Today the state of California filed a lawsuit against the Trump administration after the feds cut off funding for California's high-speed rail project.
Neither the funding cut nor this lawsuit should come as a surprise. This doomed boondoggle is billions of dollars over budget and years (possibly even decades) behind schedule. Voters originally approved setting aside $10 billion in bond money, yet the project now exceeds $75 billion. In February, Democratic Gov. Gavin Newsom acknowledged that it wasn't a realistic plan and suggested some scaling back of the longer-term prospects of the whole thing.
But not all the money was coming from the state. The Department of Transportation was providing about $3.5 billion in federal stimulus. California has spent $2.5 billion of this money. Last week, the feds announced that, due to the California High-Speed Rail Association's poor management and oversight, they were cutting off the remaining $929 million that hasn't been provided yet. And the feds may even attempt to demand back the money that California has already spent.
This, of course, is not sitting well with officials in California, and today the state filed its promised legal challenge. Newsom's office filed suit in U.S. District Court and is seeking a restraining order to keep the Transportation Department from shifting the promised money to a different purpose or project. Reuters notes that California is going to try to make it about political differences:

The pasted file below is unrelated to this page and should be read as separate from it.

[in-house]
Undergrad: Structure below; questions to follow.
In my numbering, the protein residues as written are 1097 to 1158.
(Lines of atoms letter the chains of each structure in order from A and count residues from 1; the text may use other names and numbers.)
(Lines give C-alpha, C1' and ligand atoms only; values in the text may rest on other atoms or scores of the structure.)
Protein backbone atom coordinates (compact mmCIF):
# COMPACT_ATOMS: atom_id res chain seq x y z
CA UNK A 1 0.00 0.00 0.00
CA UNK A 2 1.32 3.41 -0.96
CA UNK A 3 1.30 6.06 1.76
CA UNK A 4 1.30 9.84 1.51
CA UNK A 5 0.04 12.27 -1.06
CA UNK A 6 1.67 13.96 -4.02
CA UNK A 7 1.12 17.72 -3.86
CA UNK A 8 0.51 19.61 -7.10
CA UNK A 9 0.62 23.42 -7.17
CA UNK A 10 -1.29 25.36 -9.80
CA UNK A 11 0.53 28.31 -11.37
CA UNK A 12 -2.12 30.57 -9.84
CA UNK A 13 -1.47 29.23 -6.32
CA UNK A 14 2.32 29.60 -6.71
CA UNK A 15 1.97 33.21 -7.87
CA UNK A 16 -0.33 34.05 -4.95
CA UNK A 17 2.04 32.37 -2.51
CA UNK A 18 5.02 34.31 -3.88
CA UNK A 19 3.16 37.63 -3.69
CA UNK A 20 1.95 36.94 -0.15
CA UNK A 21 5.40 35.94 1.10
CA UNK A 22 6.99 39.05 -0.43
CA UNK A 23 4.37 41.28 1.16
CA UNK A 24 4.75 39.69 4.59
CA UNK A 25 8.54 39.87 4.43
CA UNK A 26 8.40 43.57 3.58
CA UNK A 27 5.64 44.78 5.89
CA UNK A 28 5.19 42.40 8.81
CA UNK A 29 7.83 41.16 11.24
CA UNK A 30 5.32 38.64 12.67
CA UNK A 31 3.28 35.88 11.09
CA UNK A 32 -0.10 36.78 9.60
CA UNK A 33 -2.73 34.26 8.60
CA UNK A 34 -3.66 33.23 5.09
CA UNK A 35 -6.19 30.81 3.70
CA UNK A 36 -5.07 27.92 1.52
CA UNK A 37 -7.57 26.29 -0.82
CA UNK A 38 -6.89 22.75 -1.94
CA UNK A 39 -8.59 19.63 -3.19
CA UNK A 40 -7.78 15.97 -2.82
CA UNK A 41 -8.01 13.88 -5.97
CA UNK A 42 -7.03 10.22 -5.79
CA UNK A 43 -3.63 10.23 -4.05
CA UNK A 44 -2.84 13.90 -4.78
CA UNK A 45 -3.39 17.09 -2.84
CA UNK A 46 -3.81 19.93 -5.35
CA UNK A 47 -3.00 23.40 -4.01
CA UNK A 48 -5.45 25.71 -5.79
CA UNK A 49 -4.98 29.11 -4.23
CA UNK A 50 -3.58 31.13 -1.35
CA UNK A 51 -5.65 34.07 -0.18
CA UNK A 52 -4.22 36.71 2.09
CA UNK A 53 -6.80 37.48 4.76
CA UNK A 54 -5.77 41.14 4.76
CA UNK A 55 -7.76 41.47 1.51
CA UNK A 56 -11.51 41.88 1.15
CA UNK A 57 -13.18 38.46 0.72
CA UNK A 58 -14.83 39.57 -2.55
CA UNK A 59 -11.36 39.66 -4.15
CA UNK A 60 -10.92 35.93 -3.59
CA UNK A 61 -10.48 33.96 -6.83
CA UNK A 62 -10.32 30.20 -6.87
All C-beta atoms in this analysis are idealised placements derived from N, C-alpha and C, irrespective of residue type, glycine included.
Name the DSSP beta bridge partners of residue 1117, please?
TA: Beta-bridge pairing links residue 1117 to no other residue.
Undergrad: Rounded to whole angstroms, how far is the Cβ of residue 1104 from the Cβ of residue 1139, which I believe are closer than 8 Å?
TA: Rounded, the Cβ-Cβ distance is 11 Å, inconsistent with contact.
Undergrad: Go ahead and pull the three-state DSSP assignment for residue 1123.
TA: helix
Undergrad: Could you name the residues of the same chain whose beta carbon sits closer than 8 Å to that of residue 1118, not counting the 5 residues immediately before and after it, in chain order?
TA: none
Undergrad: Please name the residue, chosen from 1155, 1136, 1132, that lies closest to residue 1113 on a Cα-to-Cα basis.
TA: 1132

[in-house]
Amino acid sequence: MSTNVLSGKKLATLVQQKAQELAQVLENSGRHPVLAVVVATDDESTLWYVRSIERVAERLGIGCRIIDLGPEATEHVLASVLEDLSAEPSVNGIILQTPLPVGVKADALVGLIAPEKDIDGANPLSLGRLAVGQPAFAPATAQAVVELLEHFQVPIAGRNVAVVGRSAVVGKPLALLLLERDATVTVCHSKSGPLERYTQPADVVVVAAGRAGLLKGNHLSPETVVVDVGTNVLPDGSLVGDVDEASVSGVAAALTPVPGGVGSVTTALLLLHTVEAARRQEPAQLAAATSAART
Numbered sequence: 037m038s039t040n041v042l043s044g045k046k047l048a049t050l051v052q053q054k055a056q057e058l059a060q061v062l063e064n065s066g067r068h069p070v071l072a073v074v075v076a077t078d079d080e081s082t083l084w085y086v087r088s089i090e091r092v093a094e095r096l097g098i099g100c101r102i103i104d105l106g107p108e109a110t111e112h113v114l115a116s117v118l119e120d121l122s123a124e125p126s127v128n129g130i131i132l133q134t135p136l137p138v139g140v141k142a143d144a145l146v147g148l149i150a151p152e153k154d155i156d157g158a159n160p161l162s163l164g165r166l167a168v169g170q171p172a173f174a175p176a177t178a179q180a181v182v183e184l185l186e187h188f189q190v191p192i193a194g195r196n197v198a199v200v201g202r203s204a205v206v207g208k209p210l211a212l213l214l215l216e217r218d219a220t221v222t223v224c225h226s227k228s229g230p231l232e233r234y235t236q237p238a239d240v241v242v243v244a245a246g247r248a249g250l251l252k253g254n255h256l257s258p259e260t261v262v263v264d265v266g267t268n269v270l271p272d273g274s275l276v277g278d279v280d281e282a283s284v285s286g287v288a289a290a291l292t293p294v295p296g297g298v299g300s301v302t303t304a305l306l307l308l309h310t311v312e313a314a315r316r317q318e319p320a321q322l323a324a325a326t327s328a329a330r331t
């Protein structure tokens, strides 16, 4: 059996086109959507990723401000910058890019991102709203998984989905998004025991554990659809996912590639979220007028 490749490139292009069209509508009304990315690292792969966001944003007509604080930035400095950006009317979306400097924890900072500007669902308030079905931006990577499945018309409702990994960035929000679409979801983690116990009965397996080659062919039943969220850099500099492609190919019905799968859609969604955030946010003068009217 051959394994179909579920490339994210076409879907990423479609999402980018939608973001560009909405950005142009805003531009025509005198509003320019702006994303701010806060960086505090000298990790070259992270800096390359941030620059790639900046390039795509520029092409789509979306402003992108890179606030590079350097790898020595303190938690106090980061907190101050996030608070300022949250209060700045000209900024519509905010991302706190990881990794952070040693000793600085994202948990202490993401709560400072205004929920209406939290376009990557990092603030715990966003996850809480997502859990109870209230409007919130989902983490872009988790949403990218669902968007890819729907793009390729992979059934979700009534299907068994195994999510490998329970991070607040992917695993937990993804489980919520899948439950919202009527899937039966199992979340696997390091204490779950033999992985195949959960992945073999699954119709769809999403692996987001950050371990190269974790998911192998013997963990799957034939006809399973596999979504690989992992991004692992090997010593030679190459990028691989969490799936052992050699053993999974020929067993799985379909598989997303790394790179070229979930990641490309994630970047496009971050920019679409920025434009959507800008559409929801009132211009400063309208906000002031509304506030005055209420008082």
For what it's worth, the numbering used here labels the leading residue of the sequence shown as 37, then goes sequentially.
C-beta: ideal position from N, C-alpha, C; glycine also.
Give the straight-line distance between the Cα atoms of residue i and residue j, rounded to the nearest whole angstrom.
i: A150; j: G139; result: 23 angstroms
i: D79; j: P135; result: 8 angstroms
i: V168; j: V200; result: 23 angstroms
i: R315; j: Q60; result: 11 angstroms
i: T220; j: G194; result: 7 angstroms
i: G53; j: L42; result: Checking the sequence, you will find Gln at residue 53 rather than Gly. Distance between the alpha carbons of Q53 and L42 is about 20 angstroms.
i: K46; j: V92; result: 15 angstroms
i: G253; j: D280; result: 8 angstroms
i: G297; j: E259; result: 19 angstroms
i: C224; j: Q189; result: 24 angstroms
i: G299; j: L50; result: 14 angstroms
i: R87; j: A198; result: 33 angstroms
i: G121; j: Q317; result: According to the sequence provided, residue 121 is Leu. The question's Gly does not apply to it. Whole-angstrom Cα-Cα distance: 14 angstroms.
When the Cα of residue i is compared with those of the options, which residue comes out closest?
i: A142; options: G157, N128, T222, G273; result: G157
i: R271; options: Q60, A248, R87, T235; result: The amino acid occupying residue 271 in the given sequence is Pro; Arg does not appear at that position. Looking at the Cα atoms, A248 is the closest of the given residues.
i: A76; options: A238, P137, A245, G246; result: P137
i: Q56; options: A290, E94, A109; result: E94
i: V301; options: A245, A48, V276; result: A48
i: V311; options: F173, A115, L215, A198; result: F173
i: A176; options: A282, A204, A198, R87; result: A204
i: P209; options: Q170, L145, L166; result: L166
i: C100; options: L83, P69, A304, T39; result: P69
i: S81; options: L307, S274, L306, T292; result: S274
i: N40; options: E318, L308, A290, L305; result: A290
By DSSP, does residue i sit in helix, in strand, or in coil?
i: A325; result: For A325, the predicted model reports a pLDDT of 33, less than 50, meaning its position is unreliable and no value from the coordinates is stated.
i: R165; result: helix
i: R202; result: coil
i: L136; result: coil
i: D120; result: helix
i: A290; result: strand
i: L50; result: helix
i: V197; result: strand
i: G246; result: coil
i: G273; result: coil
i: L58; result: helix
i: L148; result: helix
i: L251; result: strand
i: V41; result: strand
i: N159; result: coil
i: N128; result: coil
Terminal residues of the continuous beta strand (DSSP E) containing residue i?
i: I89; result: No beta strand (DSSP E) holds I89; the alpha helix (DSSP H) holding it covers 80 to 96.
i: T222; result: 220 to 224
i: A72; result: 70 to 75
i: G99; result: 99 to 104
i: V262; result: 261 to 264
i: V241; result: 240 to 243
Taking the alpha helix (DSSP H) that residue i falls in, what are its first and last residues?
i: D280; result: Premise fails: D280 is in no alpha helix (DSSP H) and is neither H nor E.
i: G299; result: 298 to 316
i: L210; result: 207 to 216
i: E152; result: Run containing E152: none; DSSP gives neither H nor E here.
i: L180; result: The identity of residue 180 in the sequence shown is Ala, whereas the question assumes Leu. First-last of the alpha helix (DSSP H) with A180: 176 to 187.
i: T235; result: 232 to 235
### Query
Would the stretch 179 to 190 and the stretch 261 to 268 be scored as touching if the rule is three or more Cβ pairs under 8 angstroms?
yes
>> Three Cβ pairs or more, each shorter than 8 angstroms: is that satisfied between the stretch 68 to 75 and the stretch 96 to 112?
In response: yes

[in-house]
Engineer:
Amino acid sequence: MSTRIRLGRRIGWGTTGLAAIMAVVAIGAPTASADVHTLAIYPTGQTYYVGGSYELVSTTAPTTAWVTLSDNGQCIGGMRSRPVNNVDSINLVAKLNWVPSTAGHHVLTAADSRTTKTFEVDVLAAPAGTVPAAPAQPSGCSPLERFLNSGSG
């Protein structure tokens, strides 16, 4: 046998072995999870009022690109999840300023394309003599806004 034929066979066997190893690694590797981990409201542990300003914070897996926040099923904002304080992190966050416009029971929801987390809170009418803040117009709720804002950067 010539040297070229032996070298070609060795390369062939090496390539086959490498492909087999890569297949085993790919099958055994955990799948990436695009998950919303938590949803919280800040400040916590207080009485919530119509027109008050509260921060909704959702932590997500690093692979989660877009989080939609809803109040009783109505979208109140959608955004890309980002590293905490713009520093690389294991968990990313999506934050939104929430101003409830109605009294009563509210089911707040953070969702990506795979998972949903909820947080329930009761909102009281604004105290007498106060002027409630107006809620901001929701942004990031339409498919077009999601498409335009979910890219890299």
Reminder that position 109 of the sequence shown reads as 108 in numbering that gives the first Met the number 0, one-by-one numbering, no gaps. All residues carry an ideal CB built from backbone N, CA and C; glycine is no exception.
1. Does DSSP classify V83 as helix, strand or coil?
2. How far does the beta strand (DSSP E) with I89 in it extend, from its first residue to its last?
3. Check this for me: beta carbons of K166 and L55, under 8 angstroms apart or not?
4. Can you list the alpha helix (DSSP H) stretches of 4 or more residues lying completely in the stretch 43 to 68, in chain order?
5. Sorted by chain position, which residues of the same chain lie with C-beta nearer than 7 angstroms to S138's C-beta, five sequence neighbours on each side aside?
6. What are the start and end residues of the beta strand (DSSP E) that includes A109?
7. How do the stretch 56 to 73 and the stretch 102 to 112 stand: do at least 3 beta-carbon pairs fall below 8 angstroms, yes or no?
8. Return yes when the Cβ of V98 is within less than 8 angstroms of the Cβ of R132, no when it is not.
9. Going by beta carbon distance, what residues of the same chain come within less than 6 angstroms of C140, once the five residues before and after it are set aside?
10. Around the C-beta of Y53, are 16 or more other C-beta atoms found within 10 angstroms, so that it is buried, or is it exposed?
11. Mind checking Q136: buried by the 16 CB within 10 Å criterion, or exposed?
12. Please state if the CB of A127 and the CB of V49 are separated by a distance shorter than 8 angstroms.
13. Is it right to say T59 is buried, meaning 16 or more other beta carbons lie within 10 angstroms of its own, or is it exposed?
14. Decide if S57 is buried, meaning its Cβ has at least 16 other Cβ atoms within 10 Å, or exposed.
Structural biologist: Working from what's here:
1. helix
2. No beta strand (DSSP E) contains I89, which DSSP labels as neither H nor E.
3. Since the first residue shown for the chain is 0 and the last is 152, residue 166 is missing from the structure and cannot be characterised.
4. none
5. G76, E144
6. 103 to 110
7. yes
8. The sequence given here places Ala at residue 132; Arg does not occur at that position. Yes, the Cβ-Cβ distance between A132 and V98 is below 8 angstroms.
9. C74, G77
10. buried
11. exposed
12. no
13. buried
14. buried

The state will argue that the withholding is aimed at punishing California for opposing President Donald Trump's proposed wall along the southern U.S. border. The suit also names Transportation Secretary Elaine Chao, Federal Railroad Administration (FRA)and FRA chief Ron Batory.
The problem with trying to make the narrative about Trump vs. California is that there is extensive, documented history of mistakes, excesses, and mismanagement originating from within the Golden State itself. The term "scathing audit" was tossed around to describe the state auditor's report last November detailing the bullet train's budget overruns and extensive delays. That's not an exaggerated Trump tweet, folks.
I'm not going to make any guesses about the fate of this legal fight. I will, however, point out that several Democratic presidential contenders are showing support for the Green New Deal, which encourages the development of high-speed rail routes across the country as an alternative to highways. It would not surprise me if the ultimate plan is to try to just tie this up in the courts until next year in the hopes that a friendlier president will sweep into the Oval Office and turn that federal money spigot back on.
Start your day with Reason. Get a daily brief of the most important stories and trends every weekday morning when you subscribe to Reason Roundup.